Atlantis, the Isle of Demons… Did these mysterious islands really exist?

Atlantis, the Isle of Demons... Did these mysterious islands really exist?

Atlantis and its inhabitants remain very popular subjects in books, movies, TV shows, comics, and music. Some of these works are reminiscent of Plato’s story of hatred and destruction. One of those unusual reminders definitely remains Atlantis Popular song by Scottish singer Donovan, published in 1969. It tells how Atlantis abandoned boats full of ancient sages before becoming a love song aimed at the singer’s “antediluvian love”: “Under the sea, she might be where I want to be. »

Later authors such as Sir Francis Bacon, William Blake or the American politician Ignatius Donnelly continued. Atlantis In public consciousness. However, the question of the real existence of this place remained. Many historians and archaeologists have believed that the story may have been full of a major disaster, such as an earthquake, tsunami, or great flood. The most mentioned destination is the Aegean island of Santorini. Once a trading center known as Thera, the city and its island were swept away by a massive volcanic eruption about 3,600 years ago, possibly triggering a tsunami.

The lingering memory of this cataclysm may also have shaped Plato’s story. Scholars of the history of Atlantis have searched for evidence of ruins in Spain, the Bahamas, and India, to no avail. Today, explorers continue to search for the island or its inspiration in sunken cities around the world.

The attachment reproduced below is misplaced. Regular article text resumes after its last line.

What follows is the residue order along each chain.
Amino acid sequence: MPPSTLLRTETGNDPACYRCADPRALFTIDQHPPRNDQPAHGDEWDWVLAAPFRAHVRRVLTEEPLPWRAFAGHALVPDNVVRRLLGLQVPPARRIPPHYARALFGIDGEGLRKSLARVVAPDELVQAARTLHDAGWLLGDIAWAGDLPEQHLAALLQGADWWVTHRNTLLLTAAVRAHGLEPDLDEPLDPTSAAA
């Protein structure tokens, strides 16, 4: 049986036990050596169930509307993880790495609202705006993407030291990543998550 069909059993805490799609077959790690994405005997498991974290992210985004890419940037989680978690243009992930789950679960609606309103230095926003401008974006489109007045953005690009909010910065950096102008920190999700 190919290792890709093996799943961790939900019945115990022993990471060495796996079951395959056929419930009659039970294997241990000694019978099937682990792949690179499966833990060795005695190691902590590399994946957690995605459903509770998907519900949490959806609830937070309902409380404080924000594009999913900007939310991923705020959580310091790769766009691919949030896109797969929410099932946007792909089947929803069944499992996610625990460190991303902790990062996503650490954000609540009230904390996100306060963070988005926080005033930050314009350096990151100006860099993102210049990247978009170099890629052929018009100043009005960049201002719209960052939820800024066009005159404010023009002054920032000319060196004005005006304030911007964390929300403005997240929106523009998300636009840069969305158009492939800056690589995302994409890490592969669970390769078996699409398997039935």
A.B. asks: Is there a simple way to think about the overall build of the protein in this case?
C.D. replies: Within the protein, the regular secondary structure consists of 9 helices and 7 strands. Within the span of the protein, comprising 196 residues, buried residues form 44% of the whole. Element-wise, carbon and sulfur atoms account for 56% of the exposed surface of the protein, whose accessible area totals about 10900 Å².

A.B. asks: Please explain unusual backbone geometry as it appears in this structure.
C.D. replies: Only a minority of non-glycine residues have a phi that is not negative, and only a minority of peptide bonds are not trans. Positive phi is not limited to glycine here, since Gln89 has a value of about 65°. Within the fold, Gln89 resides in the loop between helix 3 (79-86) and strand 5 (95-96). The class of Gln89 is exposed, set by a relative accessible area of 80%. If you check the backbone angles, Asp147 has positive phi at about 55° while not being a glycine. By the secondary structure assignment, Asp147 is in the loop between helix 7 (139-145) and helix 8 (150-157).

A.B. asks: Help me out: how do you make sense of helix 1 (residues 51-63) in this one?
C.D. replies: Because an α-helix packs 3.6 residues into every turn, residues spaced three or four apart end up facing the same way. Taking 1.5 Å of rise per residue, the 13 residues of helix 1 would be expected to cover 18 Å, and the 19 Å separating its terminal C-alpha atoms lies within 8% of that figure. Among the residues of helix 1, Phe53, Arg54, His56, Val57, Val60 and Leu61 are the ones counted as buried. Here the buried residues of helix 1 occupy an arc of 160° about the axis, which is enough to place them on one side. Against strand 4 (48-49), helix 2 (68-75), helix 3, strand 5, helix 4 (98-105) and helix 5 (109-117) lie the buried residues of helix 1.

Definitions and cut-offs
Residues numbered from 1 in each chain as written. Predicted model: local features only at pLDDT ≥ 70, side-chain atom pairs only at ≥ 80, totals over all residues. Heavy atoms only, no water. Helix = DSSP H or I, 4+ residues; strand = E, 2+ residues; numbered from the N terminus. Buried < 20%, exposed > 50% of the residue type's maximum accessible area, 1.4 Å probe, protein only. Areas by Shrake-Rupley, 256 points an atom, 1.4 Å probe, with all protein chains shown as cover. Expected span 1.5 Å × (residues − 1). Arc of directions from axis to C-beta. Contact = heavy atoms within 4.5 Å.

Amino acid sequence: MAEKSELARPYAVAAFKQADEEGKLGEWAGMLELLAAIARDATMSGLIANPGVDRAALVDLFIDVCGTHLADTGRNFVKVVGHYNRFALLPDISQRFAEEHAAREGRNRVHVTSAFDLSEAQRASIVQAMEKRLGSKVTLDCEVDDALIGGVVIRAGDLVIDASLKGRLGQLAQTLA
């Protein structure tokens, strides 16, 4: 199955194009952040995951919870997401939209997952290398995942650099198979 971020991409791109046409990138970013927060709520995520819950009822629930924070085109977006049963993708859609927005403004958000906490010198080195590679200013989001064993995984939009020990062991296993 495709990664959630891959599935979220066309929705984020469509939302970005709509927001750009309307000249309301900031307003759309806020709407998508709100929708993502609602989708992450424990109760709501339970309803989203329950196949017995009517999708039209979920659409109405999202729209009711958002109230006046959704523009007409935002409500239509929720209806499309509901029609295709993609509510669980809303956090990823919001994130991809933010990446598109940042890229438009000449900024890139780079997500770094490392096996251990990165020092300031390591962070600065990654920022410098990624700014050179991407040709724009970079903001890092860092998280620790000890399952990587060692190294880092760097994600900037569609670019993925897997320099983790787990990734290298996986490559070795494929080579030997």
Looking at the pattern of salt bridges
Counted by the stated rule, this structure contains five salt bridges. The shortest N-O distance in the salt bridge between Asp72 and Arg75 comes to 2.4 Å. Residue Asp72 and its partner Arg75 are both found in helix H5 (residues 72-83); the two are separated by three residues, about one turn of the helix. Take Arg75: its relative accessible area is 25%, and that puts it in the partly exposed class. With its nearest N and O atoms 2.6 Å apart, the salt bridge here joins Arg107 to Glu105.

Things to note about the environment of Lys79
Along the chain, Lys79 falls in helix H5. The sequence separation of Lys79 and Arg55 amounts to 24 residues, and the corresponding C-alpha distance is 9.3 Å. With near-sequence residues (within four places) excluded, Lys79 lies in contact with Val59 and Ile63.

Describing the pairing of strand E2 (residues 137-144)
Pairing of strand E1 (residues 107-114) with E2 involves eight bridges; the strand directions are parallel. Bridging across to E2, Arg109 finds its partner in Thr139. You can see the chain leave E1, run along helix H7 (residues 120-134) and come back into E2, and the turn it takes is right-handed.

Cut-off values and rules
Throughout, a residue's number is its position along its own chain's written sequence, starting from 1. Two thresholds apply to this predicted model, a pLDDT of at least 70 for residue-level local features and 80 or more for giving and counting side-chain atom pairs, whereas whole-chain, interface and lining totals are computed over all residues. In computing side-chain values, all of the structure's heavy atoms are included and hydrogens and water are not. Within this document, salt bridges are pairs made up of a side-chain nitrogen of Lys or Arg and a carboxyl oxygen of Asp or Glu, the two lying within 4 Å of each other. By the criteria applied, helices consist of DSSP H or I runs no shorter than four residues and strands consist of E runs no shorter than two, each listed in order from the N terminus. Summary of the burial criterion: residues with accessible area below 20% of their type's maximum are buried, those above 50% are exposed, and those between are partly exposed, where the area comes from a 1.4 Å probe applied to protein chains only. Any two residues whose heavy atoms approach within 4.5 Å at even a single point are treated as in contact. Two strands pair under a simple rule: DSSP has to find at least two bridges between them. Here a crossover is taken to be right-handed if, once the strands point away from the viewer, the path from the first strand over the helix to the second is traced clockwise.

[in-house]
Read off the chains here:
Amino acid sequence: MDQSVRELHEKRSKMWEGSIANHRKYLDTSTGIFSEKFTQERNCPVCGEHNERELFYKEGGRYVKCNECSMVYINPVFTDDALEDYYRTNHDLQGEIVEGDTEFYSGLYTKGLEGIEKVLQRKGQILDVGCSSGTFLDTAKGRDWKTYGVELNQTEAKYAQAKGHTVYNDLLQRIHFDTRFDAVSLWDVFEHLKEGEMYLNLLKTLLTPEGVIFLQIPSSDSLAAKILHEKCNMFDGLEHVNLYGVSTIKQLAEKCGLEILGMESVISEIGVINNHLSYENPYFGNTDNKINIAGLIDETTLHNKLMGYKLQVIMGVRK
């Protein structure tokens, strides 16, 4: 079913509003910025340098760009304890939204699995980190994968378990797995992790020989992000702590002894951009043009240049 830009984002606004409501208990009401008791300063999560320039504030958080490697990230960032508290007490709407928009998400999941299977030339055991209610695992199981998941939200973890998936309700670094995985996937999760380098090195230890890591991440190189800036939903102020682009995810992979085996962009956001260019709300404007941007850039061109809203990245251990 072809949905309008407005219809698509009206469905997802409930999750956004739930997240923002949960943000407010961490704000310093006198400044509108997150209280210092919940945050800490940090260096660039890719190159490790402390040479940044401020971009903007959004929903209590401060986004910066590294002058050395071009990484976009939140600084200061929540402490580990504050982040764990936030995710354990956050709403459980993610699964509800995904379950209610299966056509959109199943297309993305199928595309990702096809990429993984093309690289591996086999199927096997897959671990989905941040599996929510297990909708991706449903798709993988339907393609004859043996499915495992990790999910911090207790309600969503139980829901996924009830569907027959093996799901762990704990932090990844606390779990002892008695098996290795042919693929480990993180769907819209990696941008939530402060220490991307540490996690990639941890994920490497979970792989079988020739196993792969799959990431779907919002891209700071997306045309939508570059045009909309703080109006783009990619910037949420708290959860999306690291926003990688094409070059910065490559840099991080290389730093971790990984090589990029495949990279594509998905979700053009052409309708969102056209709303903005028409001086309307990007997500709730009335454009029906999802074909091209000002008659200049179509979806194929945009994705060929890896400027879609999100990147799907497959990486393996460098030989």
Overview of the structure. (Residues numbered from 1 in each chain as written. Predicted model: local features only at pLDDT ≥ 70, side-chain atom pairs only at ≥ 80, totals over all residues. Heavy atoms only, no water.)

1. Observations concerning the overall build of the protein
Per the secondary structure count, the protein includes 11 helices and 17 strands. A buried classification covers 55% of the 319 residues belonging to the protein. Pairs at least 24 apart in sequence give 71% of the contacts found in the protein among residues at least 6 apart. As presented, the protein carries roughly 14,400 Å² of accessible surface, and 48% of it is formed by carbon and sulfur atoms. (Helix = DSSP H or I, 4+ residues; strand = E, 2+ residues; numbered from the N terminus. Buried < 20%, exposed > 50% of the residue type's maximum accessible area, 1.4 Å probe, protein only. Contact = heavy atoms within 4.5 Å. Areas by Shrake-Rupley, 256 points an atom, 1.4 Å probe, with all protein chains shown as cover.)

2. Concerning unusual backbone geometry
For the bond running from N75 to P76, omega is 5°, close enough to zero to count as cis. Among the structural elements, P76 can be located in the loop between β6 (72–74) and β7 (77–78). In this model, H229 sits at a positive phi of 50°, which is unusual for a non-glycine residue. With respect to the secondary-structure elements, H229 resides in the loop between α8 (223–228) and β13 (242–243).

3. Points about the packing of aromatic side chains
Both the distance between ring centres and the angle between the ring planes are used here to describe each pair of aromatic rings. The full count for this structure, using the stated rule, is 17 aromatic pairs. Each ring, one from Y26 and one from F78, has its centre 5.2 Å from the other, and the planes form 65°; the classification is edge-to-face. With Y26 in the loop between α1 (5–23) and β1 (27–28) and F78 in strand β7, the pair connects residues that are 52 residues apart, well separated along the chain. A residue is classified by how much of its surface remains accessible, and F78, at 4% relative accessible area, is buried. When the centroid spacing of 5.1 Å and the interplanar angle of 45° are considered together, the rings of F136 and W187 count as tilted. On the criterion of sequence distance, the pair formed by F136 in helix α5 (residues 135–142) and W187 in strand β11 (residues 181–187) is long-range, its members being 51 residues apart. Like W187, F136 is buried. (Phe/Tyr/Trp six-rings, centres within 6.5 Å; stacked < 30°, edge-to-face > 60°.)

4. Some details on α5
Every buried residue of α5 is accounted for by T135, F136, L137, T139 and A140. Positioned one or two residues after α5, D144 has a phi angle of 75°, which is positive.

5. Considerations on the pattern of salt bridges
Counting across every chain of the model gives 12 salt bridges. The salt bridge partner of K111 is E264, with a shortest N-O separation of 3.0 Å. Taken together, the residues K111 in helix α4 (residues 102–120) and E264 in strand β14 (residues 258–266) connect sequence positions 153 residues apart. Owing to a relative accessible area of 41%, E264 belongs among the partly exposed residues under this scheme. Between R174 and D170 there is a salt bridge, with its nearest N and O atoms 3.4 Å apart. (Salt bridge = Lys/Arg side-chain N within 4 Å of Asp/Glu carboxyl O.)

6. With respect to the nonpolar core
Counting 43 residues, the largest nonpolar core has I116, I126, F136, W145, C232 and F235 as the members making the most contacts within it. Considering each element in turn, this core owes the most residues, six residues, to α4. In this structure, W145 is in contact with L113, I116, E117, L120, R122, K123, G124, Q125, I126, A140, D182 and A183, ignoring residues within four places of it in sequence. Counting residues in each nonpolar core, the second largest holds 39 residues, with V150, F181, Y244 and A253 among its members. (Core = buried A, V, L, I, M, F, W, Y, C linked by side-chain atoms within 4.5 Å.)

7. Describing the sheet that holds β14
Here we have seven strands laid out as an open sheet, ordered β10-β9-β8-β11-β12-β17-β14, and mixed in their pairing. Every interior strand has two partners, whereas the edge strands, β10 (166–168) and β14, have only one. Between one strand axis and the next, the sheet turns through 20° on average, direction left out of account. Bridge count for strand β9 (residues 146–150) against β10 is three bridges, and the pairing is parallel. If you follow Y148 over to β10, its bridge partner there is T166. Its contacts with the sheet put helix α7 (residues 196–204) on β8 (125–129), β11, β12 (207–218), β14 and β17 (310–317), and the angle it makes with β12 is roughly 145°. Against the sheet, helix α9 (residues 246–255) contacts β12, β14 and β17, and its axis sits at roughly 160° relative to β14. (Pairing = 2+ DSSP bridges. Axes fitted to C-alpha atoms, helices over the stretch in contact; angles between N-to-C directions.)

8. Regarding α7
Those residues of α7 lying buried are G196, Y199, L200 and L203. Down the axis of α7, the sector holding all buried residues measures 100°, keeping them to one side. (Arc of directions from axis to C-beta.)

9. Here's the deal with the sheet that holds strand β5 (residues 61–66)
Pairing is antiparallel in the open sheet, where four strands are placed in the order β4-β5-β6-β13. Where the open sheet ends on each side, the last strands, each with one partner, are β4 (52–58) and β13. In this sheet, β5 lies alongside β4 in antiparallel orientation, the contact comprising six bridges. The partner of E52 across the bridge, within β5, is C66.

Island at the End of the World: Thule

The Greek explorer Pythias first wrote about the mysterious island of Thule in his account of the 4th.E century B.C. AD of the ocean. An intrepid traveler from Massalia, now Marseilles, Phytias visited and accurately described Western Europe. He said he spent six days sailing north of the British Isles, around the Arctic Circle. Scholars do not yet know whether Phytus landed on his own, but he wrote that the place had no land, sea, or air, but a mixture of all three, and its structure resembled that of a jellyfish.

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Over the centuries, geologists have associated Thule with several possible Nordic islands: Iceland, Greenland, Norway, or Nova Scotia, especially since Pythias described the amazing tides, referring to the large-amplitude Bay of Fundy tides. Today, historians do not really know whether the distant land of Phytus was a real place or a description of some place on our planet. Be that as it may, today we speak of “Ultima Thule” to designate any isolated place on Earth. The name Thule also survives in Greenland, Thule Air Base is located in the Sandwich Islands, as well as the name of 69.E The chemical element, thulium, was discovered by a Swedish chemist.

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